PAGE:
What I do wonder sometimes is if colonic CD or crohn's collitis is the same disease as people with ileal crohn's disease, because there are no peyer's patches in the colon, only in the ileum, and the first signs of ileal crohn's disease is inflammation of the peyer's patches.
11-26-2013, 02:18 AM   #16
ellie
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Kiny, I've been wondering for some time whether they are in fact the same disease as well - I'm a Crohn's colitis diagnosis, with onset in my early 50's. Interestingly, for 2-3 years before that I had multiple, repeated episodes of sinusitis, assorted respiratory infections that were hard to shift and were treated with MANY antibiotics, often 2-3 courses.
Since the CD diagnosis 3 years ago I almost never get an URTI, and haven't needed any antibiotics (am only taking sulfasalazine, no immunosuppressant Rx)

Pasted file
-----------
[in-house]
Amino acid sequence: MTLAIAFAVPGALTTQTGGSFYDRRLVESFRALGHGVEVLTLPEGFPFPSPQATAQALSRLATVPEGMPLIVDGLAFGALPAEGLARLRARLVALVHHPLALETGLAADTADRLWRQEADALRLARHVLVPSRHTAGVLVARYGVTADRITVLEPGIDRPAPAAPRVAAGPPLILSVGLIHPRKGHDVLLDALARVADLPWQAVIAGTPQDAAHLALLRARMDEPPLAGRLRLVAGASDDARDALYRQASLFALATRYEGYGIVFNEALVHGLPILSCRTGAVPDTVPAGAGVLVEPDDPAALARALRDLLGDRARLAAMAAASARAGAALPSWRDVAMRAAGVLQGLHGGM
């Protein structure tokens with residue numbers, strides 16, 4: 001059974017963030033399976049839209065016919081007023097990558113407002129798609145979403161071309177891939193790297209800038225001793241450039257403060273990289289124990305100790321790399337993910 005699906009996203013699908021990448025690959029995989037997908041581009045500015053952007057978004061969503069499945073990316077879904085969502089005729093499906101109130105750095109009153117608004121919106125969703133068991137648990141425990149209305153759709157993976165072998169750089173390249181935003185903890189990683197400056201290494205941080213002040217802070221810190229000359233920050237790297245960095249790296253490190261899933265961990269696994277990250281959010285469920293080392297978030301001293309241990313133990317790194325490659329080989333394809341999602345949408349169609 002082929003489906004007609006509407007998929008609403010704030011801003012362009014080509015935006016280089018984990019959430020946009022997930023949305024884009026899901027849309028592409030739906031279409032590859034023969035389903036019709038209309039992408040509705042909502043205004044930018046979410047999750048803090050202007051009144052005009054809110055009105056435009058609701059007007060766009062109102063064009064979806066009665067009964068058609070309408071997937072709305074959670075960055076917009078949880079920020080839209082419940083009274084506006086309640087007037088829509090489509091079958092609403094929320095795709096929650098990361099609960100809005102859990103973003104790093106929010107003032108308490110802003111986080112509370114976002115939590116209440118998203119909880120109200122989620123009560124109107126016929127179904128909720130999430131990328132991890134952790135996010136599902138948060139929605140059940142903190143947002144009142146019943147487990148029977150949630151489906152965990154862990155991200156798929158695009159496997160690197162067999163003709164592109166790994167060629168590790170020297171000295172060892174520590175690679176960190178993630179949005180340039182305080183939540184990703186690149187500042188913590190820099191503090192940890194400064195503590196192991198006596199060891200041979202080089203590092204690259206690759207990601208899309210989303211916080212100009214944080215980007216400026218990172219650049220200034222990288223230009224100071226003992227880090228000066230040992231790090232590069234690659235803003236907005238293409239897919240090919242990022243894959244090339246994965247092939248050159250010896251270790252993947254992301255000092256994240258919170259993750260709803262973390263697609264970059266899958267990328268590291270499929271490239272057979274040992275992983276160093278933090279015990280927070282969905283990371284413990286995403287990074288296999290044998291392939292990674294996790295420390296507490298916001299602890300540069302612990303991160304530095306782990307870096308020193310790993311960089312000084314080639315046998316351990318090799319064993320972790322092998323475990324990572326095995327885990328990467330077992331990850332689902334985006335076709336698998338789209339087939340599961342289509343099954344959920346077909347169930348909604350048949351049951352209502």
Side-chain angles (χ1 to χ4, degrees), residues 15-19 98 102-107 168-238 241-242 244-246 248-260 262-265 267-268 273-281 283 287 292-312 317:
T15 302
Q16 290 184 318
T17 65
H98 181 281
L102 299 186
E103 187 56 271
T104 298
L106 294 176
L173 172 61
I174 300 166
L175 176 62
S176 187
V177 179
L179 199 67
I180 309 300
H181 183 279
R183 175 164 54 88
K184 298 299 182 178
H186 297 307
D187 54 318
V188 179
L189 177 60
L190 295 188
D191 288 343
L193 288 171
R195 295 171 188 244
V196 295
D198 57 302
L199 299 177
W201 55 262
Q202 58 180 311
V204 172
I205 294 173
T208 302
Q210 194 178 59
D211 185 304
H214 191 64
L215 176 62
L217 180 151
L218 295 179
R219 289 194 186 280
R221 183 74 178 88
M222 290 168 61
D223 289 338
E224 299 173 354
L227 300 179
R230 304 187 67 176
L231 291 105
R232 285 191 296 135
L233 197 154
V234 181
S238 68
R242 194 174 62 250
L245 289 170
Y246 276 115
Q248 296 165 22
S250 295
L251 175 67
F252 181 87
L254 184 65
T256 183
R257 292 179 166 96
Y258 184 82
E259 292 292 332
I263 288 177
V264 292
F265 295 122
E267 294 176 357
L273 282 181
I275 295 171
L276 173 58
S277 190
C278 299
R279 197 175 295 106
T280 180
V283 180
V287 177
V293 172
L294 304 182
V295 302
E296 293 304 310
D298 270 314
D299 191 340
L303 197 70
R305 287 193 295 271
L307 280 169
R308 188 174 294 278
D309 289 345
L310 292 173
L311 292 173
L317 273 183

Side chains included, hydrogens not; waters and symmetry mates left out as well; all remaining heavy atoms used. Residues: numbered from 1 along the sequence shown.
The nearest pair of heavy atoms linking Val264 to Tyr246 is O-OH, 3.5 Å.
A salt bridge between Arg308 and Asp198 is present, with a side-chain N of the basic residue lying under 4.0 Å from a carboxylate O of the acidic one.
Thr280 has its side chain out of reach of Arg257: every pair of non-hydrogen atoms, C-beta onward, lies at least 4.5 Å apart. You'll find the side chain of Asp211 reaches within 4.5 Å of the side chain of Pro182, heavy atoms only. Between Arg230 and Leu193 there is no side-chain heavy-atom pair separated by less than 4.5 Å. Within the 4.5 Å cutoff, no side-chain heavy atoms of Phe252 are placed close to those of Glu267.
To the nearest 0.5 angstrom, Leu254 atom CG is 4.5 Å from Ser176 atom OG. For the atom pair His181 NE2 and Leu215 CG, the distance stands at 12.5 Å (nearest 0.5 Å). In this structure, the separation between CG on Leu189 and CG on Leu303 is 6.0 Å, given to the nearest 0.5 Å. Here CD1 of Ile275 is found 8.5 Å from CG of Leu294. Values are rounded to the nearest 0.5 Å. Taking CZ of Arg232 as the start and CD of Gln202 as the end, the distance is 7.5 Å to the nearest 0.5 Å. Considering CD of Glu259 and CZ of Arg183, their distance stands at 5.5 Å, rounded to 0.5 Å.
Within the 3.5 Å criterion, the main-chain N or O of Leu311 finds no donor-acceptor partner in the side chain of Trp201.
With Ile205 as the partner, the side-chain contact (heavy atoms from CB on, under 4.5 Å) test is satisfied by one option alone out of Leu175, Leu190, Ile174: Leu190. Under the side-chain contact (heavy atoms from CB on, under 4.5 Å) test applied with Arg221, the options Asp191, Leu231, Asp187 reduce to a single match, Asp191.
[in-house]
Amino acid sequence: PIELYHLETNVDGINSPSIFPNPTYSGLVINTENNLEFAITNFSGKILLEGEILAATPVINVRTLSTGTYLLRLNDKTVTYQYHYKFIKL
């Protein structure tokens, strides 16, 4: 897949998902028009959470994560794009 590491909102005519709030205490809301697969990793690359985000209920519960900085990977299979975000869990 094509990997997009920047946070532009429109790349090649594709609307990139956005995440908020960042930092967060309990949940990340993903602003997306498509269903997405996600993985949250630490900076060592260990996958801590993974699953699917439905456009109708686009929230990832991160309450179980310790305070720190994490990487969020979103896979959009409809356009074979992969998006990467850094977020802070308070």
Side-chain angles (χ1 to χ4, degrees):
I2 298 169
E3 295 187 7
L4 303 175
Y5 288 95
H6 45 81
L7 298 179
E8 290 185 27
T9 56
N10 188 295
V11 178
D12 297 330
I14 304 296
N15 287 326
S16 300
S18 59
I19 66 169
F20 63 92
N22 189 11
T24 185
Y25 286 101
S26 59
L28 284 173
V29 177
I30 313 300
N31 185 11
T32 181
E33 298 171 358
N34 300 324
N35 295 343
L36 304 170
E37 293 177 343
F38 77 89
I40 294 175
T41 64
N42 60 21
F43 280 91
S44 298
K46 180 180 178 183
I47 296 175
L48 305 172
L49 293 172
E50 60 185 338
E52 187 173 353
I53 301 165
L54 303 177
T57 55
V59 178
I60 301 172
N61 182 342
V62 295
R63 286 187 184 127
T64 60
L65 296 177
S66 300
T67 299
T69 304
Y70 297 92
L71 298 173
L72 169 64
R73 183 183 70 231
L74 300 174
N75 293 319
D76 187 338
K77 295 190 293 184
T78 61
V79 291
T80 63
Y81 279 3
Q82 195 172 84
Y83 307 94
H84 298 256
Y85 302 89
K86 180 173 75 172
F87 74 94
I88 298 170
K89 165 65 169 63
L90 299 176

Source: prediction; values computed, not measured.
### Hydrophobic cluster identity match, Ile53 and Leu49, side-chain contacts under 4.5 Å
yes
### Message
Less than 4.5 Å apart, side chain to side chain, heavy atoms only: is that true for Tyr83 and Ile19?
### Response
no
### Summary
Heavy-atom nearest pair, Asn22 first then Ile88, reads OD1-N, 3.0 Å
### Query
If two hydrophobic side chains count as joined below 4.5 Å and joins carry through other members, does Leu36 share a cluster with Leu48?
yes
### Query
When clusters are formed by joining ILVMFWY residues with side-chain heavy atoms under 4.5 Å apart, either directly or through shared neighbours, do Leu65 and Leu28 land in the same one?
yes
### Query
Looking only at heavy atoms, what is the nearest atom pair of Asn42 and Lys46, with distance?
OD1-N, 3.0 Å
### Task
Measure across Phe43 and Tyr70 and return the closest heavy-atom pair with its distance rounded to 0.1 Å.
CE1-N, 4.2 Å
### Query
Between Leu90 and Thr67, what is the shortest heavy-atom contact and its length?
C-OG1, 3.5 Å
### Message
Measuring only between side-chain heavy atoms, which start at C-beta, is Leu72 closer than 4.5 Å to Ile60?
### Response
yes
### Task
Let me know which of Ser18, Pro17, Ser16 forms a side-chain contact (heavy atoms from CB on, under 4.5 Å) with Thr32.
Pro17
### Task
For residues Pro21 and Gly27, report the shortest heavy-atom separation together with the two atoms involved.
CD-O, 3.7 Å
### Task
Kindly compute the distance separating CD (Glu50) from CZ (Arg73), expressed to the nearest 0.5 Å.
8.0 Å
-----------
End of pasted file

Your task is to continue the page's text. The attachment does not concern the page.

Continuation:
Almost like there's been some sort of "gear shift" in my immune system...


HD
11-26-2013, 02:43 AM   #17
sir.clausin
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There might just be a coicidence, but I know at least six people personally, who developed crohns later in their teens after being treated with lots of antibiotics for earinfection.

Ear infection of everthing....is there special antibiotics they usually prescripe for that which could be the common cause?
11-26-2013, 06:36 AM   #18
ellie
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My impression is that the major culprits are tetracyclines (often prolonged, maybe low dose) for acne or other indications, and Augmentin -amoxicillin + claevulinic acid


HD
11-26-2013, 07:33 AM   #19
sir.clausin
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I ate tetracykline for 6months for my acne.